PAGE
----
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Past Family Members


Dottie Speckles

We had to rehome her this past Winter 2012. You can read about her journey here. We are lucky that she lives close. In her new home, despite plenty of space, she remains bossy and mean, so most other chickens just try and avoid her. Yet, she is appreciated and loved for her beauty and eggs. She also loves human contact and interaction. So far, the only chicken that she allows to boss her around is the rooster at her new home.




Meesha
Meesha was a lavender Silkie Bantam who we first got in back in the Fall of 2010.  She was added to the flock with Dolly and Autumn to help alleviate the stress on the rest of the hens from Chocolate.  Meesha went broody in February of 2011.  She remained broody until the end of April 2011, when we decided to intervene.  Despite our best intentions and attempts to stop her from being broody, we had to rehome her.  We feared that she was going to die if she continued on her broody course.  We rehomed her to a friend's farm in the next town over.  We are happy to say that she is recovering nicely there and is no longer broody.....for now.





 Chocolate
Chocolate was my beloved surprise rooster.  He was a black Silkie Bantam who I had to rehome because he did not like my four year old daughter.  Despite numerous attempts, we decided, as a family, that it was best for all of us.  He was a very sweet boy who was supposed to be a girl according to the hatchery.  He was tender and sweet to me.  He enjoyed nuzzling in my neck and smelling my hair.  He was a strong protector of his flock and is also the father of 7 little chicks that we hatched this past Spring in 2011.  Chocolate is Fifi's father. Chocolate also helped to play a huge role in my advocating to responsibly keep backyard roosters in the Town of Barnstable.  He is an extremely symbolic rooster that became famous over a town's debate.  I miss him terribly and there is not a day that goes past that I do not think I hear his beautiful crow or hear his sniffing in my ear.  He touched my heart.  He was my special boy.



 Percy Peepers
Percy Peepers was born with our recent brood of chicks.  She was handicapped at birth and despite our best efforts, we were unable to provide her with a cure.  As she and the others grew, we quickly realized that we would not be able to provide for her needs.  We rehomed her at a wonderful farm sanctuary about an hour and a half away.  She lived there until she passed peacefully.  Her life was a short 3 months but the lessons we learned from her will last our lifetime.  She is now at the Rainbow Bridge.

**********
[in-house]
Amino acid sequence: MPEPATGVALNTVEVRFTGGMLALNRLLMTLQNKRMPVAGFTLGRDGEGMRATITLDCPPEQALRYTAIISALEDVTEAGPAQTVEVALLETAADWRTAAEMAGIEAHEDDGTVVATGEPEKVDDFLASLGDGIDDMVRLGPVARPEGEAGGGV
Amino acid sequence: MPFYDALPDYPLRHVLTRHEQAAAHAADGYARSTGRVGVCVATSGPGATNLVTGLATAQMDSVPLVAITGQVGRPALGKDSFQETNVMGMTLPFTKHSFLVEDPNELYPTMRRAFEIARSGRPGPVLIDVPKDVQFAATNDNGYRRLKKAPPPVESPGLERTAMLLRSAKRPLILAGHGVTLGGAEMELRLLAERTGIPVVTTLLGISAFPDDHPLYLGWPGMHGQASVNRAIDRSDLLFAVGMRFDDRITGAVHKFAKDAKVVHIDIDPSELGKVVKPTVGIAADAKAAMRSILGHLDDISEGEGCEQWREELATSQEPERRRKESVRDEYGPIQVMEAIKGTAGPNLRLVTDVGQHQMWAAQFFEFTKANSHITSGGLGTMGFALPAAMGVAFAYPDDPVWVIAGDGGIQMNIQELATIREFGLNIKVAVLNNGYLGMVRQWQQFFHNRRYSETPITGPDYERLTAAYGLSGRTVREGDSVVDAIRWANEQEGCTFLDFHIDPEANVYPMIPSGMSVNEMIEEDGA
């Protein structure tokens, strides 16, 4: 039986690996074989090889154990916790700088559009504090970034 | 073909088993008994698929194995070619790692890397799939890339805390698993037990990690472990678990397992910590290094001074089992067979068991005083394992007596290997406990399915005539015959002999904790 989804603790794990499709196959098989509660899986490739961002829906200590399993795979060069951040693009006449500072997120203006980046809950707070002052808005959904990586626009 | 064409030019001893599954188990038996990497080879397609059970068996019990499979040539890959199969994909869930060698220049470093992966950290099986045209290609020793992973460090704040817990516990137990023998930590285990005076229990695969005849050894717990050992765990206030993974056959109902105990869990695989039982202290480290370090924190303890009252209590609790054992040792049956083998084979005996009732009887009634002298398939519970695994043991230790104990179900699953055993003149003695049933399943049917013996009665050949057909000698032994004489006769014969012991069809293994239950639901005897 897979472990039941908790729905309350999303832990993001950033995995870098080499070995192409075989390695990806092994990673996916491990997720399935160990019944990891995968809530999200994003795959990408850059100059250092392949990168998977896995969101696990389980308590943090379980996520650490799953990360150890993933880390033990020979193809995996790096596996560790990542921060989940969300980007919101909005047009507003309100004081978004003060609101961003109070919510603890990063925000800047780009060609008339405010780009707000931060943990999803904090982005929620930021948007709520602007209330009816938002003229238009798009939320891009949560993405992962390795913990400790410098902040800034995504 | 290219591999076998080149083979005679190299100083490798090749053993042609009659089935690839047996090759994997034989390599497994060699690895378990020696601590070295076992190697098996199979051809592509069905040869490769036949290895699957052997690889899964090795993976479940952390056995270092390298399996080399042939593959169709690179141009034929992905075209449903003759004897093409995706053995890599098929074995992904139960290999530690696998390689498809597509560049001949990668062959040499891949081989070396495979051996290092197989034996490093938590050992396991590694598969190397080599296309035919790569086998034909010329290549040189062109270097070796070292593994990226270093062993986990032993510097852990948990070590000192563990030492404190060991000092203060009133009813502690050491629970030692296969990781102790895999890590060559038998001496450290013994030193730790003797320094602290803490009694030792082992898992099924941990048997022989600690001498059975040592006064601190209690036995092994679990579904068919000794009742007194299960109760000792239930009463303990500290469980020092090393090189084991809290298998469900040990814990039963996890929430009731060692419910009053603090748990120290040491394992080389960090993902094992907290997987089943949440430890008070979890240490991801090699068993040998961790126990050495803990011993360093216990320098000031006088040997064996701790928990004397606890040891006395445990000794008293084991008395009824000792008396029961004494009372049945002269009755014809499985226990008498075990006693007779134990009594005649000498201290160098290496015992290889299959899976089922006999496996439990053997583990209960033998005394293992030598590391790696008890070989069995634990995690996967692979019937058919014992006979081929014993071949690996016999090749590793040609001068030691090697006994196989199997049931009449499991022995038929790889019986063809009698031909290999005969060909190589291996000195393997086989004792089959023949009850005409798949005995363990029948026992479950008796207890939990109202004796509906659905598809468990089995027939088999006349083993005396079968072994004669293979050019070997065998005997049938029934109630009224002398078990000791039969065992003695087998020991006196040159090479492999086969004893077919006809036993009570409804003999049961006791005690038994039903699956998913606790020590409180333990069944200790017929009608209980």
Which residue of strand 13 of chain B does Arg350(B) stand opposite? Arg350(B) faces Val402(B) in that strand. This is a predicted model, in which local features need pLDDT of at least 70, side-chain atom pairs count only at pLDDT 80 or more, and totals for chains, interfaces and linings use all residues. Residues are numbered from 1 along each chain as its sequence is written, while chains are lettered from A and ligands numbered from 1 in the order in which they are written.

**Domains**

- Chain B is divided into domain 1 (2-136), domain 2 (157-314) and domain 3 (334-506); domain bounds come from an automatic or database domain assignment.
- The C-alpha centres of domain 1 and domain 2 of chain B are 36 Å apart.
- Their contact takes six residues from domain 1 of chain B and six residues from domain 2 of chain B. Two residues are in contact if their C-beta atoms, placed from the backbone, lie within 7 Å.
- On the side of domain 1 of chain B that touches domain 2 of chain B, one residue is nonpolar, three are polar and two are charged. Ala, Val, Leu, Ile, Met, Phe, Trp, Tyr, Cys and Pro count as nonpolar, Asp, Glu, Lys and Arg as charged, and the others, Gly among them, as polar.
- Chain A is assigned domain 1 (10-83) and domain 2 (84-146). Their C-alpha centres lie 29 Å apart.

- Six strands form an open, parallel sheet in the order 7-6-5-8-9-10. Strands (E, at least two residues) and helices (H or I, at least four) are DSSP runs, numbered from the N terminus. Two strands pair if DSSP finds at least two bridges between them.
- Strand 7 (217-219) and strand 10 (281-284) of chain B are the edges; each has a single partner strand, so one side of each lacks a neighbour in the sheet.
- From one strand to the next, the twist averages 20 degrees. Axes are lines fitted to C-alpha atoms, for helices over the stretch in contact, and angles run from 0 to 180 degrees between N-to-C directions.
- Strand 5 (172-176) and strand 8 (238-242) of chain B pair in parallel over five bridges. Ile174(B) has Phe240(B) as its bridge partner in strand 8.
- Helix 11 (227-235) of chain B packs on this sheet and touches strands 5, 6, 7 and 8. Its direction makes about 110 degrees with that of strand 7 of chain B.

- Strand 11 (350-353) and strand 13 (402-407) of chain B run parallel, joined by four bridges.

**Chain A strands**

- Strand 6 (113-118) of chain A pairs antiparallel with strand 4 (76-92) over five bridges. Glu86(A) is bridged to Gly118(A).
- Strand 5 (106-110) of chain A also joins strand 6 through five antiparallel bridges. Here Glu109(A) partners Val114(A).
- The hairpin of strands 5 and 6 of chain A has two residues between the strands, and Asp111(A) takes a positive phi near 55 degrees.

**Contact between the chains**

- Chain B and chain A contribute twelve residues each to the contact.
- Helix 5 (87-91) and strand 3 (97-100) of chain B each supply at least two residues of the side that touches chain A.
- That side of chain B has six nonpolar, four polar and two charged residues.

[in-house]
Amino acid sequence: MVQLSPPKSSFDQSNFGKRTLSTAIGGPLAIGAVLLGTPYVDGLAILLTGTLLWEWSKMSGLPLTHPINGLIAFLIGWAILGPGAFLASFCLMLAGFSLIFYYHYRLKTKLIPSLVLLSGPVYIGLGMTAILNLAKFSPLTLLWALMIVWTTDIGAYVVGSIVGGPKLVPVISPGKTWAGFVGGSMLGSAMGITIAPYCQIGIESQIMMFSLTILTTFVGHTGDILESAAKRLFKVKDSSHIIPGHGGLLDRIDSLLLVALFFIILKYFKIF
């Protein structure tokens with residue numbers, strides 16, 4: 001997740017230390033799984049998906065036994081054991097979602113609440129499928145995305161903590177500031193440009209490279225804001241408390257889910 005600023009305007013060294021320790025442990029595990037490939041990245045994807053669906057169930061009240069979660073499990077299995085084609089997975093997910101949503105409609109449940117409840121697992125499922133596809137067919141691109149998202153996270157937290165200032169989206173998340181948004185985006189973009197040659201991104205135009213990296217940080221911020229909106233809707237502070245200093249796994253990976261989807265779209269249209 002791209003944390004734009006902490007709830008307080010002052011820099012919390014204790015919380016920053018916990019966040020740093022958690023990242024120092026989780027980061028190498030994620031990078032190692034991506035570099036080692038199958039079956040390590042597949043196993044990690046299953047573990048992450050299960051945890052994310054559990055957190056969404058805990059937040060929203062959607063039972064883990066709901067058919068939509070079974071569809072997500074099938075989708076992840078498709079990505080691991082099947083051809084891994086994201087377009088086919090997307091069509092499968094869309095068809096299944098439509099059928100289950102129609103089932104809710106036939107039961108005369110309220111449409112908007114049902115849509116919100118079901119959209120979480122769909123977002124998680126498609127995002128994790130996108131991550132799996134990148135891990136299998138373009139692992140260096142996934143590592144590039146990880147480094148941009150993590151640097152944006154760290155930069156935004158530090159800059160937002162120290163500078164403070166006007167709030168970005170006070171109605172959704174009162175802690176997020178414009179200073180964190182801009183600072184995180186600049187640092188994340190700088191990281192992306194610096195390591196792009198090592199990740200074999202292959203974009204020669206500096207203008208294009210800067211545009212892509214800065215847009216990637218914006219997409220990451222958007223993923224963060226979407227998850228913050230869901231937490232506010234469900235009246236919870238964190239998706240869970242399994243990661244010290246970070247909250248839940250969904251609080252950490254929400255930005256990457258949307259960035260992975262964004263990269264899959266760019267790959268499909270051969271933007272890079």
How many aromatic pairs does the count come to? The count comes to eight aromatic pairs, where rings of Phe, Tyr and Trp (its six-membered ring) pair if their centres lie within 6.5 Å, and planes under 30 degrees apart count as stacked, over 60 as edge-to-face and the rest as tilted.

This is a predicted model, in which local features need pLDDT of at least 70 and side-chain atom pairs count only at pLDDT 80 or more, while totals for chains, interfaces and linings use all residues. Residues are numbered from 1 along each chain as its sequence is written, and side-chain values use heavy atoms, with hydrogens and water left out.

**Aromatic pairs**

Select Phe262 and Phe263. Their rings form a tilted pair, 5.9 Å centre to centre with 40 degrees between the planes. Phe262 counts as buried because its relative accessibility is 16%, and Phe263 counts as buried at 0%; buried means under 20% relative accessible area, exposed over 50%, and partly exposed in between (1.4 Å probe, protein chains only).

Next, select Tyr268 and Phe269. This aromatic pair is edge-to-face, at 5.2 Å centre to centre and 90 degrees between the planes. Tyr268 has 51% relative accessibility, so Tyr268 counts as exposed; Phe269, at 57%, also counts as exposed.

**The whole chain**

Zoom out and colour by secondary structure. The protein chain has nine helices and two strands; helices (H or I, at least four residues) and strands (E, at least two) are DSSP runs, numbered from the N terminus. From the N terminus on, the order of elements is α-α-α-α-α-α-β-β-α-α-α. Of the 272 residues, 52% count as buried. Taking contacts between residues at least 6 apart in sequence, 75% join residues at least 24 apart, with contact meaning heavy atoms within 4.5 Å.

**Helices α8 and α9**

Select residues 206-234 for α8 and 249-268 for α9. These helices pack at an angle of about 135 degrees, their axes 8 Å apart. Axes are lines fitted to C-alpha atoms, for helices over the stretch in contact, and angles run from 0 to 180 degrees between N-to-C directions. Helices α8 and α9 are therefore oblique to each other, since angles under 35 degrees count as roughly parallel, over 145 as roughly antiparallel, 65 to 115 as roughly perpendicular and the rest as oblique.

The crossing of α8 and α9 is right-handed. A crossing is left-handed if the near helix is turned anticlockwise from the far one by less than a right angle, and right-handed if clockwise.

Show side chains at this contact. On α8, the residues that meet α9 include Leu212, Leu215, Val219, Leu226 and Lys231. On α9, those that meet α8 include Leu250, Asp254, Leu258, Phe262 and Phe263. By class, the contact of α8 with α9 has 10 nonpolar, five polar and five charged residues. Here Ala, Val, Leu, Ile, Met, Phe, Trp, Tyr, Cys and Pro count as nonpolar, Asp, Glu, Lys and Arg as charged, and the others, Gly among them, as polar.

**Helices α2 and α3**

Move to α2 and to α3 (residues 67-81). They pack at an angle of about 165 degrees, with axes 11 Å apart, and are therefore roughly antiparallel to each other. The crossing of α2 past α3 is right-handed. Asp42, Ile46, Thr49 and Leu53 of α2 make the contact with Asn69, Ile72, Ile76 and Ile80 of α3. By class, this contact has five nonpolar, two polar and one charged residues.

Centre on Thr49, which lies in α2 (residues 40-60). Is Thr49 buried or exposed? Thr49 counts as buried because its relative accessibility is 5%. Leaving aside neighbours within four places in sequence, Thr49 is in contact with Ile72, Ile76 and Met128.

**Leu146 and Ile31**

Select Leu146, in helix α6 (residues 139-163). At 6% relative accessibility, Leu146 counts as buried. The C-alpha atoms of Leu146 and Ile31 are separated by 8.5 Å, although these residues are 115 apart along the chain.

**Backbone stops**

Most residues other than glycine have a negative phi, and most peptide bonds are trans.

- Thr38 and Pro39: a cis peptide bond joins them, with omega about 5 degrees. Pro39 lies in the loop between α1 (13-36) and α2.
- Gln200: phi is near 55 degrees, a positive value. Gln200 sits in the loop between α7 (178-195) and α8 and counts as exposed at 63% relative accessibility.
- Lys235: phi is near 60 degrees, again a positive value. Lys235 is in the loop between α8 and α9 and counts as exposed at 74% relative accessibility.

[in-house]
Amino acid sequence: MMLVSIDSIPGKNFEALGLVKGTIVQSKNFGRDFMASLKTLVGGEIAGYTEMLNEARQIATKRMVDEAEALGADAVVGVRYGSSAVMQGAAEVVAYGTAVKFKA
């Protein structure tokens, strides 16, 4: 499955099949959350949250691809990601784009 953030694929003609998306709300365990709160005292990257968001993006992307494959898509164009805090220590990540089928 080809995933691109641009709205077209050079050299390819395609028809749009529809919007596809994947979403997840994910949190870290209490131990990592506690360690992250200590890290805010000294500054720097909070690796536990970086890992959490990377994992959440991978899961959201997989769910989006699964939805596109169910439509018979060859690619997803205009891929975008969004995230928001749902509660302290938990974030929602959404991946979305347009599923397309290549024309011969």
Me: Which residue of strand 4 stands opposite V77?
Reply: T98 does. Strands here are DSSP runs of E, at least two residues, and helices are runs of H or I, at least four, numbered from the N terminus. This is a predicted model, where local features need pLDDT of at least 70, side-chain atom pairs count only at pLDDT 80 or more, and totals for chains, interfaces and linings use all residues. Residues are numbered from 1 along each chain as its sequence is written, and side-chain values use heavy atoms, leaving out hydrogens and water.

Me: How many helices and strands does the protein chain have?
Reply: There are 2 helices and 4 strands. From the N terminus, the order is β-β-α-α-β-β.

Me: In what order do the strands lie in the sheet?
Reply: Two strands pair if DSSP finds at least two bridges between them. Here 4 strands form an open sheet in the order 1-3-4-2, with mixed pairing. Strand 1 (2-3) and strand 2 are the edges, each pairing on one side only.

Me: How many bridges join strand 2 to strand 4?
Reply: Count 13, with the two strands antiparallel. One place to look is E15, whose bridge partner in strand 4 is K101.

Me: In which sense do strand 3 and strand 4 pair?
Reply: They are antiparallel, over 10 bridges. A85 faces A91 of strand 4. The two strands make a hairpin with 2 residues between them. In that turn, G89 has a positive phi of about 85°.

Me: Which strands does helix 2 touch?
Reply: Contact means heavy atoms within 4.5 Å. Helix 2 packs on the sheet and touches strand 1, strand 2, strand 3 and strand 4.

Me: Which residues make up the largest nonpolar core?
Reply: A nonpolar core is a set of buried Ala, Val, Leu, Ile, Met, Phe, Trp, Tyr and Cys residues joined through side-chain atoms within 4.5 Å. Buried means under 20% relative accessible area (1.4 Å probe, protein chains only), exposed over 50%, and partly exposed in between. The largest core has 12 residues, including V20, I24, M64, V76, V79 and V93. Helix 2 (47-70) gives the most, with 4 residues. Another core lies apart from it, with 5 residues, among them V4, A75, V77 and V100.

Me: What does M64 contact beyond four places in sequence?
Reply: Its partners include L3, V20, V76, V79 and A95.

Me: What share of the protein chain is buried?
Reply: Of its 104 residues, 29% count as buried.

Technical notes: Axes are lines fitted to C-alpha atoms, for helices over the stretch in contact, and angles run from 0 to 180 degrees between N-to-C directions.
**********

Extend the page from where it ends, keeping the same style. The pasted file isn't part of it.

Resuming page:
Peanut
Peanut was our first buff Silkie Bantam that again, was supposed to be a female.  He was a sweet little boy in the beginning but as time passed, we soon realized that he was going to be aggressive toward anything or anyone that went into his home.  We rehomed him at 10 weeks to a farm off Cape Cod.  To this day, I still think of him from time to time.

7 comments:

  1. This comment has been removed by a blog administrator.

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  2. I think so too, she must have been a mix. The breeder where I purchased her from said she was a lavender. Her head was mostly black, but her body was grayish. I miss that little girl!

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  3. It was very sad about Percy... do you know what exactly happened?

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  4. Hi Outside the Box, Here is the link about little Percy Peepers. I still think about her so very much!
    http://www.tillysnest.com/2011/05/sad-news.html

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  5. Tilly looks like the Queen of the flock she is very pretty.

    momsaidpurple@yahoo.com

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  6. Hi there, I've been following your blog for a few weeks now,and i love it. I'm fairly new to raising chicks and chickens and I'm in need of your advise.Currently we have 4 girls and 3 roosters (all bantams) just last night 4 of our eggs hatched, we now have 4 chicks and possibly more now,But that isn't the problem.The "middle" rooster as we call him, is a lovely boy however he has turned a bit nasty,Two weeks ago we had a fox attack the flock for the first time and sadly one of our hens was killed and another died from shock over night, this has caused the numbers to be all uneven,and the pecking order has all changed (3 broody hens and 1 who Earl our main rooster wont let leave his side) This hasn't stopped the cheeky middle rooster, he has resorted to getting with our broody hens and i don't know how to put a stop too it.so far Ive separated him from the flock, especially since he is also pecking at our hatching eggs.
    what do i do??
    p.s.Im sorry to hear about chocolate,hes gorgeous!as are all of them :)

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  7. I am so sorry to hear that things are not working out. It is usually recommended that there are seven hens for each roo you have. I might suggest you reevaluating your flock and seeing what makes the most sense. You might need to rehome some so that the numbers of roos are less and the hens are more.

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Thank you so much for your lovely comments. I look forward to reading them with each and every post that I write and I also love hearing from you.